Following a decade of frustrations, despite considerable expenditures unable to move the City of Falls Church to back their affordable housing initiatives, the Falls Church Housing Corporation faced a crossroads after its latest setback last fall.
The organization could have retreated into a mere caretaker role, continuing to manage affordable units in Winter Hill that it currently owns, and it could have shuttered its operations, overall. Or, it could leave Falls Church in the dust to strike out with a bold new approach to achieving its goals not within the confines of the Little City, but regionally.
Under the leadership of its president, former F.C. vice mayor Dr. Steve Rogers, and inexhaustible executive director Carol Jackson, the FCHC went hunting for a partner, and scored a major agreement with an historic, New York-based affordable housing advocacy institution that will help it realize considerable new affordable housing units, if not in Falls Church, then throughout the region.
The FCHC board voted unanimously last week to wed its operations to the National Housing Partnership (NHP) Foundation, a remnant of “true believers” in the area of affordable housing that has survived since the “Great Society’s” urban renewal initiatives of the Lyndon B. Johnson Administration in the 1960s.
Jackson, FCHC board member Jack Wilburn, a Falls Church architect, and Michelle Krocker, executive director of the Northern Virginia Affordable Housing Alliance, explained in an exclusive interview at the News-Press Monday how the new alliance between the NHP and FCHC could be a creative model for the future of such endeavors. It is a “first of its kind” alliance that weds a nationally-focused organization with strong financial stability and resources to a locally-based entity like the FCHC with institutional knowledge of the players and options in a local setting.
With a lot of community development efforts facing similar dead-end situations like the FCHC, the new alliance model could be a precursor of things to come.
“We are the kind of portal through which an organization like the NHP can be most effective,” Wilburn said. Effective affordable housing efforts, he said, are usually put together in a layered fashion, involving a number of funding, government and advocacy entities, resembling a “lasagne.”
He cited the example of what went into developing the Wilden Senior Apartments project in Falls Church that ended with a dead stall by the Falls Church City Council last summer, and was the final straw for the FCHC here. Such layered arrangements are the rule rather than the exception, he said, and the Wilden was cobbled together to be a major success story. It was the local government that killed it.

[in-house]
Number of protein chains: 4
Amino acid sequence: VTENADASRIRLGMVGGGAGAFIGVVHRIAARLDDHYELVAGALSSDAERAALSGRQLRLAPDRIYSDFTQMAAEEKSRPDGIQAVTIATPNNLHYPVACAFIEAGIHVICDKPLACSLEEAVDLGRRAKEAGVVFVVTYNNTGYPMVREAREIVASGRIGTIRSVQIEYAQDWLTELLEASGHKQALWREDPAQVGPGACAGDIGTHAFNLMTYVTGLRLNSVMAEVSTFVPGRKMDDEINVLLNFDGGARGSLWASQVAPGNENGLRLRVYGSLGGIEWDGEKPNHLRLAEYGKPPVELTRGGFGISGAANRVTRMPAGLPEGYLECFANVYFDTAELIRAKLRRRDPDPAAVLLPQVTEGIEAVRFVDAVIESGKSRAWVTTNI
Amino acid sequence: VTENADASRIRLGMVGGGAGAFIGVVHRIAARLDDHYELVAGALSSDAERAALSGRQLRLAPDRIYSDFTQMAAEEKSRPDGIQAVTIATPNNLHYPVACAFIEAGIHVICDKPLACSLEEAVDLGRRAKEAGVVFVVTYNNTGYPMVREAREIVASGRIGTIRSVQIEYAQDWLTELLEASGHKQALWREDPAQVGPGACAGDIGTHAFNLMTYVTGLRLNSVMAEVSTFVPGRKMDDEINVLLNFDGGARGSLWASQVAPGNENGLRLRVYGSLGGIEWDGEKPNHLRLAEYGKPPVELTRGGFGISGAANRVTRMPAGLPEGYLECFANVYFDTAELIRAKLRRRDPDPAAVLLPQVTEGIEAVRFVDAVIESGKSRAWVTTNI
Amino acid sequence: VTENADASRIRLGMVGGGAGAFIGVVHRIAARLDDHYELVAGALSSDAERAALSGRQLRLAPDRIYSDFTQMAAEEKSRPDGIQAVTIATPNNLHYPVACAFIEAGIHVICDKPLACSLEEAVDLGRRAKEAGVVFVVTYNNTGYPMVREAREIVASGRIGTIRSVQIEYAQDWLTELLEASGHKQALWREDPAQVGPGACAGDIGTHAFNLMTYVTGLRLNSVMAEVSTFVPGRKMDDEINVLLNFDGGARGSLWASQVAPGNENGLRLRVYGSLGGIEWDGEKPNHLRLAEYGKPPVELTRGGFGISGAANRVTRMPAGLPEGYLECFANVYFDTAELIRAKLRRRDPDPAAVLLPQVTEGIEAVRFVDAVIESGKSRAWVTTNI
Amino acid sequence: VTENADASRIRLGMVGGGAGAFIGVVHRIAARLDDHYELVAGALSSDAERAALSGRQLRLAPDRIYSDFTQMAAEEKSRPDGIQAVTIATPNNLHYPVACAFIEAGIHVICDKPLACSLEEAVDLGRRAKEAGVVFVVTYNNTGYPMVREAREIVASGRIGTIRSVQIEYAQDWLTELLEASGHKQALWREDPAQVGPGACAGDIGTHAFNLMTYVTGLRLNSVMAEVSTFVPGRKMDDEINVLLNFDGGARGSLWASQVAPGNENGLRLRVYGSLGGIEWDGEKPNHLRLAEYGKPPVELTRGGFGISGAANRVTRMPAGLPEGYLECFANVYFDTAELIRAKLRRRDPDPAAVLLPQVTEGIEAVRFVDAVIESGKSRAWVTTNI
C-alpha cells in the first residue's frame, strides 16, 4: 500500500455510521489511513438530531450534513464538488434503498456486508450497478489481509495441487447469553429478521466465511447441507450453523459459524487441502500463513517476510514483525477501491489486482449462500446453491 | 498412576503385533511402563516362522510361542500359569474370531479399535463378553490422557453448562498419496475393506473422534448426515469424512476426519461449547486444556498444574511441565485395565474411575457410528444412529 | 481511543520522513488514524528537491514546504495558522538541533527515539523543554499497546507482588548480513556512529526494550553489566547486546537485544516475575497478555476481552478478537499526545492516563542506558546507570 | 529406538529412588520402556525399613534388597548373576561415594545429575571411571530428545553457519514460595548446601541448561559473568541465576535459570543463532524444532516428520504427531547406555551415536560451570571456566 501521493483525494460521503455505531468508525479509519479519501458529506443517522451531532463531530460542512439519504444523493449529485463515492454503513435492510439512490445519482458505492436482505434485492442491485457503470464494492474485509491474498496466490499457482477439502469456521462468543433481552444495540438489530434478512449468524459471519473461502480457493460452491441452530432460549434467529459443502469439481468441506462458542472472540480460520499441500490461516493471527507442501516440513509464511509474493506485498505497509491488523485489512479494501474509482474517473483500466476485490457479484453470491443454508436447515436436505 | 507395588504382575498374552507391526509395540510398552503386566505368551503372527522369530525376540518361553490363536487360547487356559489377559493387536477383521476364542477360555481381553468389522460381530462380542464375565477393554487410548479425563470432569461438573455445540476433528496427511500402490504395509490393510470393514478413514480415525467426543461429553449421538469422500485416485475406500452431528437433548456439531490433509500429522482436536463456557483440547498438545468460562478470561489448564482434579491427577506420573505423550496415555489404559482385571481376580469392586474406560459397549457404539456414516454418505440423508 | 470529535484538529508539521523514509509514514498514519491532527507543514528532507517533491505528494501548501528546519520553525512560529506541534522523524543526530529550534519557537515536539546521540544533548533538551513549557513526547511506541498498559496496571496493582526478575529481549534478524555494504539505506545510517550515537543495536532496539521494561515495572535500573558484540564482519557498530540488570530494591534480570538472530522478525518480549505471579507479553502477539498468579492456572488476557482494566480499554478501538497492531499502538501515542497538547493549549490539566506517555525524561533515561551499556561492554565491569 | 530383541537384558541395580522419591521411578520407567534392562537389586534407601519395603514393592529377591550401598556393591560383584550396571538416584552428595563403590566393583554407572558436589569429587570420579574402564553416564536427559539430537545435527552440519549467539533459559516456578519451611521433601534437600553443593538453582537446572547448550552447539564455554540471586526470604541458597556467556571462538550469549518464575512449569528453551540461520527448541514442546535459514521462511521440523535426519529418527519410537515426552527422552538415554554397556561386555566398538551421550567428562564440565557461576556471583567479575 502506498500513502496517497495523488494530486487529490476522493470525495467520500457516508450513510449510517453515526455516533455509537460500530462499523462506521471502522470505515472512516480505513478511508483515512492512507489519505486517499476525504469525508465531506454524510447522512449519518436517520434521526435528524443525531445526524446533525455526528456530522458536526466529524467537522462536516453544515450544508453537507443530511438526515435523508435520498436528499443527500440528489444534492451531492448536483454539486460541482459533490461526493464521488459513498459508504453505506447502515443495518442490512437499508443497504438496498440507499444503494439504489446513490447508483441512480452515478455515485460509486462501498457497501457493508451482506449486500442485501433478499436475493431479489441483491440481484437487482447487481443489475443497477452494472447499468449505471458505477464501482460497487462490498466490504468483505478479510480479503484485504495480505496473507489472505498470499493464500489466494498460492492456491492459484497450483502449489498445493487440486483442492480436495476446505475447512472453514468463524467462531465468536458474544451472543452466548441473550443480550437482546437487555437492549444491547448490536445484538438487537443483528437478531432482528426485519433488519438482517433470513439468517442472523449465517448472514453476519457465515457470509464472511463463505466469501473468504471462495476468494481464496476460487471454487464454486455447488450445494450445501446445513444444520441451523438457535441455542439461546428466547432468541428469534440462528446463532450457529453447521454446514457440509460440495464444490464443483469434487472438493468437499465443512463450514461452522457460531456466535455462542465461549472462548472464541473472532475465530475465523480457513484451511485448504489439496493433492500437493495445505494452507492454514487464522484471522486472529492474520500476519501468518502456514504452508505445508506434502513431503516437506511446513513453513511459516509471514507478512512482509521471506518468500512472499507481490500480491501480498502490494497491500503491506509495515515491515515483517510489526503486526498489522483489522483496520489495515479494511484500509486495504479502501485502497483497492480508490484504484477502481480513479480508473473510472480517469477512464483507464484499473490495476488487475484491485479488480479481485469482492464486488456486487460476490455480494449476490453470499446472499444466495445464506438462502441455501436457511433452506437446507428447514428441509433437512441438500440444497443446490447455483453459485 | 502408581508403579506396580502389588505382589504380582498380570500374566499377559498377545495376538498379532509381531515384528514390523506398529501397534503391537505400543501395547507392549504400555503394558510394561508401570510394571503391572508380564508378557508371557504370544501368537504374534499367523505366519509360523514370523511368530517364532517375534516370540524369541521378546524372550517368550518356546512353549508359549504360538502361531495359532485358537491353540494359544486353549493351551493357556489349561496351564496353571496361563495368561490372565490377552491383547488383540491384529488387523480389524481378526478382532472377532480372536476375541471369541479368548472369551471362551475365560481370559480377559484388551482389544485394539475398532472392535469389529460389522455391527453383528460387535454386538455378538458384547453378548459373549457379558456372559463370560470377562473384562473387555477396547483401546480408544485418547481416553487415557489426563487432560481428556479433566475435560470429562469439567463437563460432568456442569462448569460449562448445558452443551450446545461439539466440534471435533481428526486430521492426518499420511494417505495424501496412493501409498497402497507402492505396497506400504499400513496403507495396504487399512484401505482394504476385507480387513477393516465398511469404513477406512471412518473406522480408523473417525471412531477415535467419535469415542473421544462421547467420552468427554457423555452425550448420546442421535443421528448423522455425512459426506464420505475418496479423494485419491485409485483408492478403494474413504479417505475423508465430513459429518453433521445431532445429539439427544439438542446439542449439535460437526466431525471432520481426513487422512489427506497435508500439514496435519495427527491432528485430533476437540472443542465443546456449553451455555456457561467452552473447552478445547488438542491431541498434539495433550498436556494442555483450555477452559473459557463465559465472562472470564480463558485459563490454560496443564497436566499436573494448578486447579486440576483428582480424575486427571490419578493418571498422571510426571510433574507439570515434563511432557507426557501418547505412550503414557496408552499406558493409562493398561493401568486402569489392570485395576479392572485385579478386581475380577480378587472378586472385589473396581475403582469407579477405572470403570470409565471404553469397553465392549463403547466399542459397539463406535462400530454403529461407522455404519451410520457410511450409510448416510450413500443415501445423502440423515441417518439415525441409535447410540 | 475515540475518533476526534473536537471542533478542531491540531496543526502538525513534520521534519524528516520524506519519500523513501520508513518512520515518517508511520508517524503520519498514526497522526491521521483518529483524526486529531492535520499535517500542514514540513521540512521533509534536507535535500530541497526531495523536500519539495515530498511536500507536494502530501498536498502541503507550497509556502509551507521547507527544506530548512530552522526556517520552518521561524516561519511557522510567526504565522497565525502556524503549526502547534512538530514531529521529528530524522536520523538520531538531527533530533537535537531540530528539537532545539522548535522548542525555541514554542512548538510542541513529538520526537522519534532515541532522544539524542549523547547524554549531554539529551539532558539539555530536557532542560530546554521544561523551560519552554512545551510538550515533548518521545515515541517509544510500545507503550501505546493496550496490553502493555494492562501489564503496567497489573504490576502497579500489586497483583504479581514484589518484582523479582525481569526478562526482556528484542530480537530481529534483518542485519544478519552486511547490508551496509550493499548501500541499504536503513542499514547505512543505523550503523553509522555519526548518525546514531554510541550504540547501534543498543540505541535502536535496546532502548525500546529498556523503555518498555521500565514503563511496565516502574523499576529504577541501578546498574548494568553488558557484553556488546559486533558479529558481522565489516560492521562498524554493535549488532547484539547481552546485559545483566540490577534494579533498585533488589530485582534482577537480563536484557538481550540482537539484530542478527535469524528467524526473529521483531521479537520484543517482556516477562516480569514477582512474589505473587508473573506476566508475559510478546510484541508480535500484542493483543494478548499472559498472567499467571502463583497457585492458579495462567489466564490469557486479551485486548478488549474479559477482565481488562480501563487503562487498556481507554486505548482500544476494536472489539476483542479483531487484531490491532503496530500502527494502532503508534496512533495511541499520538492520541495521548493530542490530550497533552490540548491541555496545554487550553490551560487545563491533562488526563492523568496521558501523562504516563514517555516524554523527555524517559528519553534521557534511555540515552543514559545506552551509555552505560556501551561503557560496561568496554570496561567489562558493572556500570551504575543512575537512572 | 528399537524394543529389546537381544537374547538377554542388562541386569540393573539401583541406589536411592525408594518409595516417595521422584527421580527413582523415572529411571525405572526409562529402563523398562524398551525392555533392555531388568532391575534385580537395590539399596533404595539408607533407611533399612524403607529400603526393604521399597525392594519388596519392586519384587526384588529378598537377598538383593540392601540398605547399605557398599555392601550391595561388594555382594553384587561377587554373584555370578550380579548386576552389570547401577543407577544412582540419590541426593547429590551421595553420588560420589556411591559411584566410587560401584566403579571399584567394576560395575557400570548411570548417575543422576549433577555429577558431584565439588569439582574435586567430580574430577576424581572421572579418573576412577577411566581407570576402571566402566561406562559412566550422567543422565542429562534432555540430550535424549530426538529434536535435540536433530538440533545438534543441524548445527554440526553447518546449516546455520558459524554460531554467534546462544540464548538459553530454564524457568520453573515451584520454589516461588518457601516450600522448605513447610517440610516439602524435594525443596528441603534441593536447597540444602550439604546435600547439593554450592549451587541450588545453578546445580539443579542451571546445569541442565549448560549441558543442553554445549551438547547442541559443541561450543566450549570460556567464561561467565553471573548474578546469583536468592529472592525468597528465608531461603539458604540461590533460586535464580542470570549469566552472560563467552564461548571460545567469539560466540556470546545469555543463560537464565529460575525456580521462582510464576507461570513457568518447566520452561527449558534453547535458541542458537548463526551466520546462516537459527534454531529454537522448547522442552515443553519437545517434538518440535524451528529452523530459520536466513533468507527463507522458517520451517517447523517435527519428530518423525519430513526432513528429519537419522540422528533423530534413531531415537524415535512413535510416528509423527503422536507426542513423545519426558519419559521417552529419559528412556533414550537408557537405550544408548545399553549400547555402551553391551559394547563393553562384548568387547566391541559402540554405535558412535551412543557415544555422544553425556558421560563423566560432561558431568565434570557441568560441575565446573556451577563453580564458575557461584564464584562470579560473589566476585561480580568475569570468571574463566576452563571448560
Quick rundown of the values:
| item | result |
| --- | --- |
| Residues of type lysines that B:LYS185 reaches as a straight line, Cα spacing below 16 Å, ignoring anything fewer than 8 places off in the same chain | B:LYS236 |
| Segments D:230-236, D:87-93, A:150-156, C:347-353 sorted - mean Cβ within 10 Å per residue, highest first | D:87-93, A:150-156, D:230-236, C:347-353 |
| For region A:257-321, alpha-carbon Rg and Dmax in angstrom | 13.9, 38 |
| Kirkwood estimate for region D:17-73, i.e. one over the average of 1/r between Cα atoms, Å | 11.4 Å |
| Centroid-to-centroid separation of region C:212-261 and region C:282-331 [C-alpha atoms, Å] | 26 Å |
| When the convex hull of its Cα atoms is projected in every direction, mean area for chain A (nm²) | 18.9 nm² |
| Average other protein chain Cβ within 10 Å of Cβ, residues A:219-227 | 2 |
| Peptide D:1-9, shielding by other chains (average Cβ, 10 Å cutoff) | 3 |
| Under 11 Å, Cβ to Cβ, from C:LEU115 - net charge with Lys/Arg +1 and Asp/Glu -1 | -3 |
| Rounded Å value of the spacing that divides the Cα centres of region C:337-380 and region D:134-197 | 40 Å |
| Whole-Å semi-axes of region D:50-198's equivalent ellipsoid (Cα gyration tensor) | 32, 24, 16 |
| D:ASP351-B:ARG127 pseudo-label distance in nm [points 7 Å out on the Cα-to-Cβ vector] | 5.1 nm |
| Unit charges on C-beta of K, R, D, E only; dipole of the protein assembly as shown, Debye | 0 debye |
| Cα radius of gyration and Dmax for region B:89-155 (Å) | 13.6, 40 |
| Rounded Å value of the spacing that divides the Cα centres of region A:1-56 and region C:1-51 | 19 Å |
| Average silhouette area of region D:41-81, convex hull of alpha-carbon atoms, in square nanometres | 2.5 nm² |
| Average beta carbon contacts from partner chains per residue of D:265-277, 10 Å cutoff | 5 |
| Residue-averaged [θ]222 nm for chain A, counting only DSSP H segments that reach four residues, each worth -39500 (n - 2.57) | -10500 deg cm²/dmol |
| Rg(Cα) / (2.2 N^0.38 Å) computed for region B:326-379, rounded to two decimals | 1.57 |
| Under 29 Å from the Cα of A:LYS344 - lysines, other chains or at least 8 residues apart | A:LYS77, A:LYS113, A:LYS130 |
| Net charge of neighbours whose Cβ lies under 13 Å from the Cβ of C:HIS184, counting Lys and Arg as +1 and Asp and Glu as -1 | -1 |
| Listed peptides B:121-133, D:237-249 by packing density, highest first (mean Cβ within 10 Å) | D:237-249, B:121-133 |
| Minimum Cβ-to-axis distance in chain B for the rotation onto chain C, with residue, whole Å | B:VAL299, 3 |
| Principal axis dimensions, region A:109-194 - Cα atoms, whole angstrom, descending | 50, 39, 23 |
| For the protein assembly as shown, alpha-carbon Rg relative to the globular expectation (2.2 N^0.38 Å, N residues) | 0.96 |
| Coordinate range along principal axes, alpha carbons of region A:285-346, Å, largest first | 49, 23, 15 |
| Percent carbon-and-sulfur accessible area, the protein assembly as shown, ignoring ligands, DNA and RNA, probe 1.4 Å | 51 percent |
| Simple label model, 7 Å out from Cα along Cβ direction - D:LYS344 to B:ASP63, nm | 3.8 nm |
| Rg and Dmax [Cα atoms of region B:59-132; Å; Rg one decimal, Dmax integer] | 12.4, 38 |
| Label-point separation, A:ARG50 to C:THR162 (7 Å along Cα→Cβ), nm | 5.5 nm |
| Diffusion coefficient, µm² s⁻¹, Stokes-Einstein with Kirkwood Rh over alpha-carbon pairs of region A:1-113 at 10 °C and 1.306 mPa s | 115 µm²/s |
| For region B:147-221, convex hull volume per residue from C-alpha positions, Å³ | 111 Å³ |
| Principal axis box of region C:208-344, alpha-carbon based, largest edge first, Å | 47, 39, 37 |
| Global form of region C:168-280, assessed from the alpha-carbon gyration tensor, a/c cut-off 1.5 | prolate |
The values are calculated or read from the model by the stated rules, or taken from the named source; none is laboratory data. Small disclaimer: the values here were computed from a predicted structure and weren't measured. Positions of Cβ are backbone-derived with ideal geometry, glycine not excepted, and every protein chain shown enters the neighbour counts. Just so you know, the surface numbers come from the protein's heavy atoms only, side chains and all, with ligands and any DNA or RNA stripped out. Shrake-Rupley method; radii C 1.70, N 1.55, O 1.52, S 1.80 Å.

Still, efforts at effective affordable housing development has to start at the local level, where the knowledge of the playing field, so to speak, exists, and then the equity resources of the national group are added in. The new FCHC-NHP arrangement “will give us not only the heart, but also the muscle to get things done,” Jackson said.
With impending deep federal funding cuts imperiling entities such as the Department of Housing and Urban Development (HUD) and community block grant resources, a new public-private model like the FCHC-NHP alliance needs to be developed to take up the slack, she said.
Also, as Krocker noted, funds are drying up at the local and regional levels for basic human services, such as housing. The initiative launched by the Fairfax County chair (now U.S. congressman) Gerry Connolly to set aside a penny on the county’s real estate tax rate ended abruptly two years ago in the face of the sharp economic downtown. A lot of housing programs nationally “hit the wall” during the Great Recession of 2008.
On the other hand, the need for affordable housing has never been more acute, including in Northern Virginia, where the relative economic growth potential here could be threatened by the lack of a sufficient workforce. Lack out affordable dwelling options here could strangle economic development.
While leaders in Fairfax County say affordable housing is “no longer a priority,” and those in Arlington and Alexandria “give lip service only,” those in Loudoun County are figuring this out, Krocker said. There is a new push for “workforce housing” there as having to rely on workers coming in from West Virginia and points south simply can’t give the county’s aggressive growth plans what they need.
This follows another emerging post-Recession “new normal” trend, which is away from home ownership to rental living. The dicier economy requires more flexibility, especially by younger workers, and being tied down to living in outlying areas, where there is no culture and where high gas prices eat away at the family budget, is not longer seen as desirable, Jackson explained.
Krocker said that there are thousands of units of rental housing existing in high-development areas of the region around Bailey’s Crossroads and in the Columbia Pike and Beauregard corridors that could become priced out of the affordable range unless there are efforts made to acquire them to keep them affordable.
In explaining the novel nature of the FCHC-NHP alliance, Jackson said, “This is not the case of a typical rescue mission story, or a little organization rescued from withering on the vine by a larger, better resourced group. NHP has a different opinion of our local value, much of it established in the local social capital in which our organization has invested itself so faithfully over the last 30 years.”